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Emergency response times prompt look at of College Ways one-way designation

When it comes to responding to emergencies, every second counts. But, to what lengths should local governments go to make it easier (and faster) for police cruisers, fire trucks and ambulances to get through their towns?

That’s the tough question that Forest Grove city councilors will face as they ponder whether to change the traffic flow on College Way.

The north-south downtown street is just two blocks long, connecting University and Pacific avenues, but it has a big impact on emergency vehicles heading north from the city’s fire and police stations on nearby Ash Street.

That’s because several years ago the road, which previously had one lane going north and another going south, was made into a south-only street, with angled parking on the east side, adjacent to campus.

As a result, vehicles wanting to travel north from Pacific Avenue now must head two blocks east, to Cedar Street, or one block west, to Main Street.

For most motorists, that’s not a problem. In fact, downtown merchants like the arrangement, as north-bound traffic is funneled past their shops. And, for the university, the current sounth-only configuration on College Way provides a natural flow around campus while allowing for much-needed parking.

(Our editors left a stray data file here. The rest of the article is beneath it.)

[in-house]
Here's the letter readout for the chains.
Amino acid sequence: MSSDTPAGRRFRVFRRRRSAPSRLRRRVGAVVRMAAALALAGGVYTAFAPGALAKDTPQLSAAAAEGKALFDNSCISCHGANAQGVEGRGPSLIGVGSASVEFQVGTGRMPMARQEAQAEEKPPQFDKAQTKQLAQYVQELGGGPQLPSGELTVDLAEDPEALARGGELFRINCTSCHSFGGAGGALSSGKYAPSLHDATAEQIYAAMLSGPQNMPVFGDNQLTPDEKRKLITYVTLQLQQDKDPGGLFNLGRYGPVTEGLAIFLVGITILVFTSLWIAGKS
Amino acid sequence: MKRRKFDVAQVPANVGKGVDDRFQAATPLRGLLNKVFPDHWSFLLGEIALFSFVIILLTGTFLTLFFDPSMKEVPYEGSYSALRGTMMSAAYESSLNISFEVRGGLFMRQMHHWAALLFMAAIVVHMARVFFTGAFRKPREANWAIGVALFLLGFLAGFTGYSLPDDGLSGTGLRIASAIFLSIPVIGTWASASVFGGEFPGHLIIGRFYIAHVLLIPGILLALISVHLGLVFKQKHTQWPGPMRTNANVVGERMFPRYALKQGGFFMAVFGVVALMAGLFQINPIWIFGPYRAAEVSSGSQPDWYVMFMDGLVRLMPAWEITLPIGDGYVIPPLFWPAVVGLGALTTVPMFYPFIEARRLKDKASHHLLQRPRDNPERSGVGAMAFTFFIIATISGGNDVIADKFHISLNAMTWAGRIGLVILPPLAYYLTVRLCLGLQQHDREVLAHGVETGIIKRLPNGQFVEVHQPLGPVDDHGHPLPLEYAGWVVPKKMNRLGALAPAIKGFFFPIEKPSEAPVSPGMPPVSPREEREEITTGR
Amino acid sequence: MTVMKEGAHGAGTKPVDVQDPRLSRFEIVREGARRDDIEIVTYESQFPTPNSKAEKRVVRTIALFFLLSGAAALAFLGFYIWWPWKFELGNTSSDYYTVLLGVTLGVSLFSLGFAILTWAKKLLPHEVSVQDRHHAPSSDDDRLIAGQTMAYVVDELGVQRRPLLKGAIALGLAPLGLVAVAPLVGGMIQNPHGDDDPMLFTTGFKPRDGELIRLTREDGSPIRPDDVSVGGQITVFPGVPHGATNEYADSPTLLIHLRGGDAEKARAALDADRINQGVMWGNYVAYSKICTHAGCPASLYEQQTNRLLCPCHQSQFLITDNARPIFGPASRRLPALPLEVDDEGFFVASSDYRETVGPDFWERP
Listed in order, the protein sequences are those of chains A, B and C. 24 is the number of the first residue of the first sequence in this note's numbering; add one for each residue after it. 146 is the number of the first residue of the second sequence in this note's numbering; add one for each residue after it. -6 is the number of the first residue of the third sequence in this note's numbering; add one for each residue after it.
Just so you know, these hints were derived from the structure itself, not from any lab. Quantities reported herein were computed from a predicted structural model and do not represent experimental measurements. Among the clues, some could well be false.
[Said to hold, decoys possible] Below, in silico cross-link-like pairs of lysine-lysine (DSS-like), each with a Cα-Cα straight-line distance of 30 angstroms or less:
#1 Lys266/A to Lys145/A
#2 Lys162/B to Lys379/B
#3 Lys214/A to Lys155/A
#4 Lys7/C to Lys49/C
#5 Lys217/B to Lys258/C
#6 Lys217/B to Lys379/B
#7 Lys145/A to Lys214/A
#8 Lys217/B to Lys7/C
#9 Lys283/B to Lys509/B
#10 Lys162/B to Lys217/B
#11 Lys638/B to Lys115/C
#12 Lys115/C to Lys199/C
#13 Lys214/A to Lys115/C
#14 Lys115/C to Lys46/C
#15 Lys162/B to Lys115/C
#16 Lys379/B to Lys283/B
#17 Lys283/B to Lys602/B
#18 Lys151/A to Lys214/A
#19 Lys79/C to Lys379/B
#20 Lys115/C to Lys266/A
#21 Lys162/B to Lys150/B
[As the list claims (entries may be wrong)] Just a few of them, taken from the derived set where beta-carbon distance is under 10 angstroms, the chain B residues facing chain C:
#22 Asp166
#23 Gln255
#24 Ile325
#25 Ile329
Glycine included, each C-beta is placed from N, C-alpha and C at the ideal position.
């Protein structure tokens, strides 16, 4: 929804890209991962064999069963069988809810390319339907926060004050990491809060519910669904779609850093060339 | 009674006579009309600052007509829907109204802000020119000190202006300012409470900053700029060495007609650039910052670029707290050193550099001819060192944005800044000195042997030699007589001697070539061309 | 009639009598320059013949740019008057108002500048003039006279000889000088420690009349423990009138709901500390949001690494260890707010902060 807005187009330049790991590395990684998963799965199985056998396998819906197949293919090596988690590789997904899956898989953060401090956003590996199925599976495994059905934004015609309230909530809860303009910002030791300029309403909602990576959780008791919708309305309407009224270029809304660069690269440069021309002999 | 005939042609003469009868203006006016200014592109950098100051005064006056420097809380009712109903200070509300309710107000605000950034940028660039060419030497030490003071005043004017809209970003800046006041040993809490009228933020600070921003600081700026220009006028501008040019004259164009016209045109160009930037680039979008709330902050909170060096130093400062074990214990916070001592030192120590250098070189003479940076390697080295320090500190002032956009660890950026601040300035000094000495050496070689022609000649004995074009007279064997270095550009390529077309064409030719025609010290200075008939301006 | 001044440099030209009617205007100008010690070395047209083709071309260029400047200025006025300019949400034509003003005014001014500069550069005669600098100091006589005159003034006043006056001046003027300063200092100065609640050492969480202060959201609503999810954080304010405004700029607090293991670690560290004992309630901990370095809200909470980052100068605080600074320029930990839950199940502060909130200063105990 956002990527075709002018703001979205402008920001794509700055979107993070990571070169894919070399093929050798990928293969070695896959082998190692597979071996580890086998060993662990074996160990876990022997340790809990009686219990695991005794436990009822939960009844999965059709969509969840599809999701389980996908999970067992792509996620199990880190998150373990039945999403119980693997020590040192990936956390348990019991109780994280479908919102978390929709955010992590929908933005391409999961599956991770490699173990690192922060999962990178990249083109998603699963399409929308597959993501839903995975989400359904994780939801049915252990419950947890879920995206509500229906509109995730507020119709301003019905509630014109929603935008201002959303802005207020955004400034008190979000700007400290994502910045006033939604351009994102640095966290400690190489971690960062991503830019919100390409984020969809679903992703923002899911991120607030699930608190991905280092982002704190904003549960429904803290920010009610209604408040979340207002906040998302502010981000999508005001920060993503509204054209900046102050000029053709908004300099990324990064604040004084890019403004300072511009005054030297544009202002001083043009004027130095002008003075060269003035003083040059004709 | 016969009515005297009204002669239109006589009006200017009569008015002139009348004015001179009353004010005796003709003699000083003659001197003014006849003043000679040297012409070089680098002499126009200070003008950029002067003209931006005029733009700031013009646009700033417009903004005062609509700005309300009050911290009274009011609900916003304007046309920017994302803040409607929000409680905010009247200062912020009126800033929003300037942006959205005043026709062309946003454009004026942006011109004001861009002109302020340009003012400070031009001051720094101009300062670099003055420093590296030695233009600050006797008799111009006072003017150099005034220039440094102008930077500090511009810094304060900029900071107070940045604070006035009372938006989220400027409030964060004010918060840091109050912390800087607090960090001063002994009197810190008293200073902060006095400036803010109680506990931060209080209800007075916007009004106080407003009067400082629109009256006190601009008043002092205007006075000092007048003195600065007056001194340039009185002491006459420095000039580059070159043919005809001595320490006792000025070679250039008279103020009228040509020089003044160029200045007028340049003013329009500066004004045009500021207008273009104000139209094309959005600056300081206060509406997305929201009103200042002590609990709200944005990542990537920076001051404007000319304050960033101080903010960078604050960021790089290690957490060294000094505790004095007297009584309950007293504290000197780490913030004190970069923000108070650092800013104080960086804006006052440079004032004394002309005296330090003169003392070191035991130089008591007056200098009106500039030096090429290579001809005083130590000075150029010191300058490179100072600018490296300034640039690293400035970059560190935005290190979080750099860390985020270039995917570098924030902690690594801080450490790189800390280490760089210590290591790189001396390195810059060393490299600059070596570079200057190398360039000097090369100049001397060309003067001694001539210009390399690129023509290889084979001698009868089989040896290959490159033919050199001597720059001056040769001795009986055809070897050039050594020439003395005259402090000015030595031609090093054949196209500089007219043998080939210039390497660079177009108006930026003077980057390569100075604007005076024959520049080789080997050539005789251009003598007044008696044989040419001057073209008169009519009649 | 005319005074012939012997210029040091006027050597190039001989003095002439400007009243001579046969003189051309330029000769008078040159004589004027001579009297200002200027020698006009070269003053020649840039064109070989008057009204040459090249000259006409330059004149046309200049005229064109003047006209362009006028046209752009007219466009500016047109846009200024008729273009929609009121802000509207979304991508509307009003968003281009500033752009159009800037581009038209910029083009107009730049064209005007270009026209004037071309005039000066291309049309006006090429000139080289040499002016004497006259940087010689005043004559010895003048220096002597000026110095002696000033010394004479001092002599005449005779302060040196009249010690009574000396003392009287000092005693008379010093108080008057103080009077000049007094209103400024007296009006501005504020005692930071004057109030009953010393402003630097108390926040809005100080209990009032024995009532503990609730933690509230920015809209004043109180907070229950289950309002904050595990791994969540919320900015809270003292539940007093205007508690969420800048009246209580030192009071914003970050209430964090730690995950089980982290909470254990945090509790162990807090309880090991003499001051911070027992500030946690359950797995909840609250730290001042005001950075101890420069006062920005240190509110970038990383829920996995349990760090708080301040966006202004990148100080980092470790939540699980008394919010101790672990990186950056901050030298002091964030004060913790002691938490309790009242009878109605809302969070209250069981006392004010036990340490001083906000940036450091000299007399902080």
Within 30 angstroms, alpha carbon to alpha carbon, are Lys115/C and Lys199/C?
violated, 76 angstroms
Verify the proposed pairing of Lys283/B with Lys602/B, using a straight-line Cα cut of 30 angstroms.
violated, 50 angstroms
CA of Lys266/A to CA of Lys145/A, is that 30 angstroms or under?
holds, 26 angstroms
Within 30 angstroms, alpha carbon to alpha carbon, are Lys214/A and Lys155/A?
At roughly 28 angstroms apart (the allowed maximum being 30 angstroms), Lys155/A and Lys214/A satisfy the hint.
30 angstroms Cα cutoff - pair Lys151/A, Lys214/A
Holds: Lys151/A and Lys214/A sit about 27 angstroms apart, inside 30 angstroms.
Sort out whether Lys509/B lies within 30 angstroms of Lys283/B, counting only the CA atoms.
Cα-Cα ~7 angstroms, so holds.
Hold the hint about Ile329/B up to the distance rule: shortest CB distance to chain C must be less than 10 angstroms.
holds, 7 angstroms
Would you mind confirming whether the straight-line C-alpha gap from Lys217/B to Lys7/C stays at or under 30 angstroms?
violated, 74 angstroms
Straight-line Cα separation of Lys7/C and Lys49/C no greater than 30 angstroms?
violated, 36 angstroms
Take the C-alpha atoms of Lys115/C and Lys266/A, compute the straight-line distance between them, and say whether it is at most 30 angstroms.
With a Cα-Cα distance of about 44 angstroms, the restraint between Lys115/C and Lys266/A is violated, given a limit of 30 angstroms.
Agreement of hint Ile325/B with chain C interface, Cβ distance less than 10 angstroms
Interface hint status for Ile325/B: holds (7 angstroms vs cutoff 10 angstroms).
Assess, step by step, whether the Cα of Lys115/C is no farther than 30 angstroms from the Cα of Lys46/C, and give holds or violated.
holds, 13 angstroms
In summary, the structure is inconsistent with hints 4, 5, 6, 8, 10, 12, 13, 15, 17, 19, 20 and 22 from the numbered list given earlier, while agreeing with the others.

But for a fire truck or ambulance looking to head north, the need to take Main or Cedar streets can add an extra 10 to 25 seconds to a trip.

Councilor Tom Johnston, a former firefighter and police officer, said that while a few seconds may not seem like much time to most people, for those who are watching a home burn or a family member suffer a heart attack, it can have a life-changing impact.

“Until you’re in trauma you have no idea how long 24 seconds is,” he said.

So, at Johnston’s request, the council last week agreed to take another look at the one-way arrangement, balancing the need for speed with other factors, including pedestrian safety, the university’s wishes and the cost of reorienting traffic on a two-block street.

There’s no word yet on when the city council might schedule the topic on its agenda.

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